It is a country tipping on the brink of civil war, coupled with a catastrophic humanitarian and economic situation, and religious divisions that the incoming Iraqi prime minister will inherit along with the unity government which is supposed to formed as quickly as possible.
Haïdar Al-Abadi’s task will be complex, if not impossible. Many observers fear that the changes needed to reconcile all the different political forces will not be made. The current vice-president of parliament has had the backing of Kurdish ministers and the international community.
After eight years in power outgoing prime minister Nouri al-Maliki has morphed from a man of compromise into a man wholly defined by his faults. Iraq’s first democratically-elected PM did nothing to calm tensions, and alienated Iraq’s Sunnis.
Hoshyar Zebari became al-Maliki’s foreign minister in 2003, and he insists the job is still his, even following the withdrawal from government of the Kurdish ministers in July. His role in the next government remains to be decided.
To shed light on this subject euronews’ Daleen Hassan talked with the outgoing Iraqi Foreign Minister Mr Hoshyar Zebari: “Is the war against Islamic State to defend Kurdistan and the Kurdish areas, or is it a decision or stems from a unified decision with the new government to eradicate this extremist group?”
Hoshyar Zebari: “The war today is not only for defending Kurdistan and the Kurdish territory but is also a war for the defence of Iraq’s people and minorities. This war is for the defence of the whole region and humanity.”
euronews: “Kurdistan’s President Massoud Barzani said he repeatedly warned of the growth of extremist terrorist groups, and bearing in mind you have been foreign minister since 2003, why wait until the situation spun out of control?”
Hoshyar Zebari: “There are several reasons, namely the Syrian crisis which Islamic State has taken advantage of, the problems between Iraqi politicians , and also the Arab Sunnis who felt marginalised by government policies. These groups seized huge amounts of weapons and modern equipment and money. All these factors have not been properly appreciated by the intelligence services and Iraq’s leaders.”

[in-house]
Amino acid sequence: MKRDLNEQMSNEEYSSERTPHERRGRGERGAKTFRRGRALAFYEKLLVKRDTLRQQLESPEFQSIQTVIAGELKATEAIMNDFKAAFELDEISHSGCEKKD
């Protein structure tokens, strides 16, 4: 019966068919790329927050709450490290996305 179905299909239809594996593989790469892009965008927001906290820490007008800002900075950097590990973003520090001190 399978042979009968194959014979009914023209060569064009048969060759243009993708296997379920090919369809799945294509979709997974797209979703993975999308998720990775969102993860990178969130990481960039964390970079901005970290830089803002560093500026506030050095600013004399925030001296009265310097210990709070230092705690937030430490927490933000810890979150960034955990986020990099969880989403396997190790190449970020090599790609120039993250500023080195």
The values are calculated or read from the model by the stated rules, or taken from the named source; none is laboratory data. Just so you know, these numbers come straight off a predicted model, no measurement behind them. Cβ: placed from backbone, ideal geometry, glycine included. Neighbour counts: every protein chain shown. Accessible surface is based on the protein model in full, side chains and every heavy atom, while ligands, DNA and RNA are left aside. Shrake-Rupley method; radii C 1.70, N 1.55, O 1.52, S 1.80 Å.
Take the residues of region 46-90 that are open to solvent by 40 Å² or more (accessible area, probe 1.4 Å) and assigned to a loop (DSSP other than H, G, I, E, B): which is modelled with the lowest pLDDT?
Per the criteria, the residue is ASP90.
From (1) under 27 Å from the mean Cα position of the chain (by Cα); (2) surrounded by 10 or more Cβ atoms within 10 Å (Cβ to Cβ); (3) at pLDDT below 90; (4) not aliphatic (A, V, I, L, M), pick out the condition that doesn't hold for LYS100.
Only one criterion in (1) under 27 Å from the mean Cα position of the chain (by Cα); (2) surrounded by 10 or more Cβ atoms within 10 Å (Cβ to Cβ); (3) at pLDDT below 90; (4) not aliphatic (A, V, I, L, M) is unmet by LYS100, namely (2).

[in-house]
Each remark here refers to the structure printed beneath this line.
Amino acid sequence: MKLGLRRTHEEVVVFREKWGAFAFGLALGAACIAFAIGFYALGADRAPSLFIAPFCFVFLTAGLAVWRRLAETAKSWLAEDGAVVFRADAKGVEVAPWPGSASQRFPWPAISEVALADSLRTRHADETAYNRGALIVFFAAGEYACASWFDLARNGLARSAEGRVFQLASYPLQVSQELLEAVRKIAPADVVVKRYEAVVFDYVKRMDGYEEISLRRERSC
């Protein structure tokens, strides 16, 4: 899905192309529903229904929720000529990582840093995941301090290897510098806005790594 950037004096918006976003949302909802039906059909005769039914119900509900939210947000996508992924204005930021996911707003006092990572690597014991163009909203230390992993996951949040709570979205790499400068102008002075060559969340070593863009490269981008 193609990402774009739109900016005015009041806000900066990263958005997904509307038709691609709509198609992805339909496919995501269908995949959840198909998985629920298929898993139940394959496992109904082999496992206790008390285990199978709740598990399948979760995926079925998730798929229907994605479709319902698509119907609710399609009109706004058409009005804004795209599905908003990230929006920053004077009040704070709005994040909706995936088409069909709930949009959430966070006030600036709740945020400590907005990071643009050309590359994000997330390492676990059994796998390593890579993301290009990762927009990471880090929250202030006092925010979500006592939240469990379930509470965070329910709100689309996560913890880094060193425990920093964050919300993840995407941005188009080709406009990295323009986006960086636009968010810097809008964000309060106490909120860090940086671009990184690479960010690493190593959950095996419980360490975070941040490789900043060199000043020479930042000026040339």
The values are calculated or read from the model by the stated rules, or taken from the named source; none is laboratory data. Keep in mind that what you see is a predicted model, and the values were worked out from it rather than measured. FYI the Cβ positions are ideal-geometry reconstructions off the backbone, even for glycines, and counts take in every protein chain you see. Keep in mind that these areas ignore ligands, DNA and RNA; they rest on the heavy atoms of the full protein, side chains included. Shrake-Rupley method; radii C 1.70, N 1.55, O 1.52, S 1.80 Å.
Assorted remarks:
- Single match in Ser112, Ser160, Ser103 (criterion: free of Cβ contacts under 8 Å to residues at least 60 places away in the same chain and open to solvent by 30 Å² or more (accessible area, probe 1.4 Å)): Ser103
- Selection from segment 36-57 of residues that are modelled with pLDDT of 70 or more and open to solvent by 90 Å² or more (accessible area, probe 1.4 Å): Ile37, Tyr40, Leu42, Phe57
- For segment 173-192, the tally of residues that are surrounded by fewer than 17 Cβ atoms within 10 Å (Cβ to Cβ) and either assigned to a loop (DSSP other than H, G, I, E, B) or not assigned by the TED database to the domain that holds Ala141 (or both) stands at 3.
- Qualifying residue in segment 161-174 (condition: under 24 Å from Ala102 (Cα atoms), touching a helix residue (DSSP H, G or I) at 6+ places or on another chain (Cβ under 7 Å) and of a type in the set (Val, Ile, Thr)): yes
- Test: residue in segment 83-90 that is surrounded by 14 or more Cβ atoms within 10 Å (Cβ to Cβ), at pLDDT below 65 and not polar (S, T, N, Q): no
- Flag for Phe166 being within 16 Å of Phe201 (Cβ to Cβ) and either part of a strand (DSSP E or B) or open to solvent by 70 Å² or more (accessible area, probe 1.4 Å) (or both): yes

euronews: “Why did President Obama decide to strike Islamic State when it approached Erbil, and not when they were at the gates of Baghdad?”
Hoshyar Zebari: “I think that opinions are clear about this case, it’s not just because there was a direct threat to American interests in Erbil, but there was a humanitarian emergency. The United States has provided significant assistance, including technical assistance, intelligence and armaments. The danger here in Erbil was huge, so it needed quick decisions and immediate action to stop the advance of Islamic State.”
euronews: “There are doubts and questions about the reality of the IS and who is supporting it. Hillary Clinton pointed out in her book that the United States may be involved because it did not confront IS in its infancy. How is the US going to deal with IS now?”
Hoshyar Zebari: “I do not agree with you, and I read the book. It’s not like this, perhaps it is a media interpretation?”
euronews: “But she pointed out that the failure of the US to fight IS since the beginning was a miscalculation by Washington, which led to the increase in the strength of the Islamic State.”
Hoshyar Zebari: “Well this is another topic, all the countries that supported the Syrian opposition and the Free Syrian Army and all the extremist militant groups in Syria fed the growth of the Islamic State phenomenon. Whoever it was helping IS, now things are out of control. Islamic State has very many modern weapons and a very sophisticated army. It is strong and self-financing, and has gone out of control.”
euronews: “There were political problems between Baghdad and Erbil over two important issues, namely the Peshmerga and oil. Do you expect that these problems will disappear with the new Abadi government?”
Hoshyar Zebari: “We will begin negotiations between Abadi and the Kurds.
Kurdistan formed a delegation to negotiate, and the reasons for what happened is that Peshmerga forces were outgunned by IS, and that was because of the government refusing to fund and support the Peshmerga. Concerning oil issues, the government must approve the new oil and gas law.”
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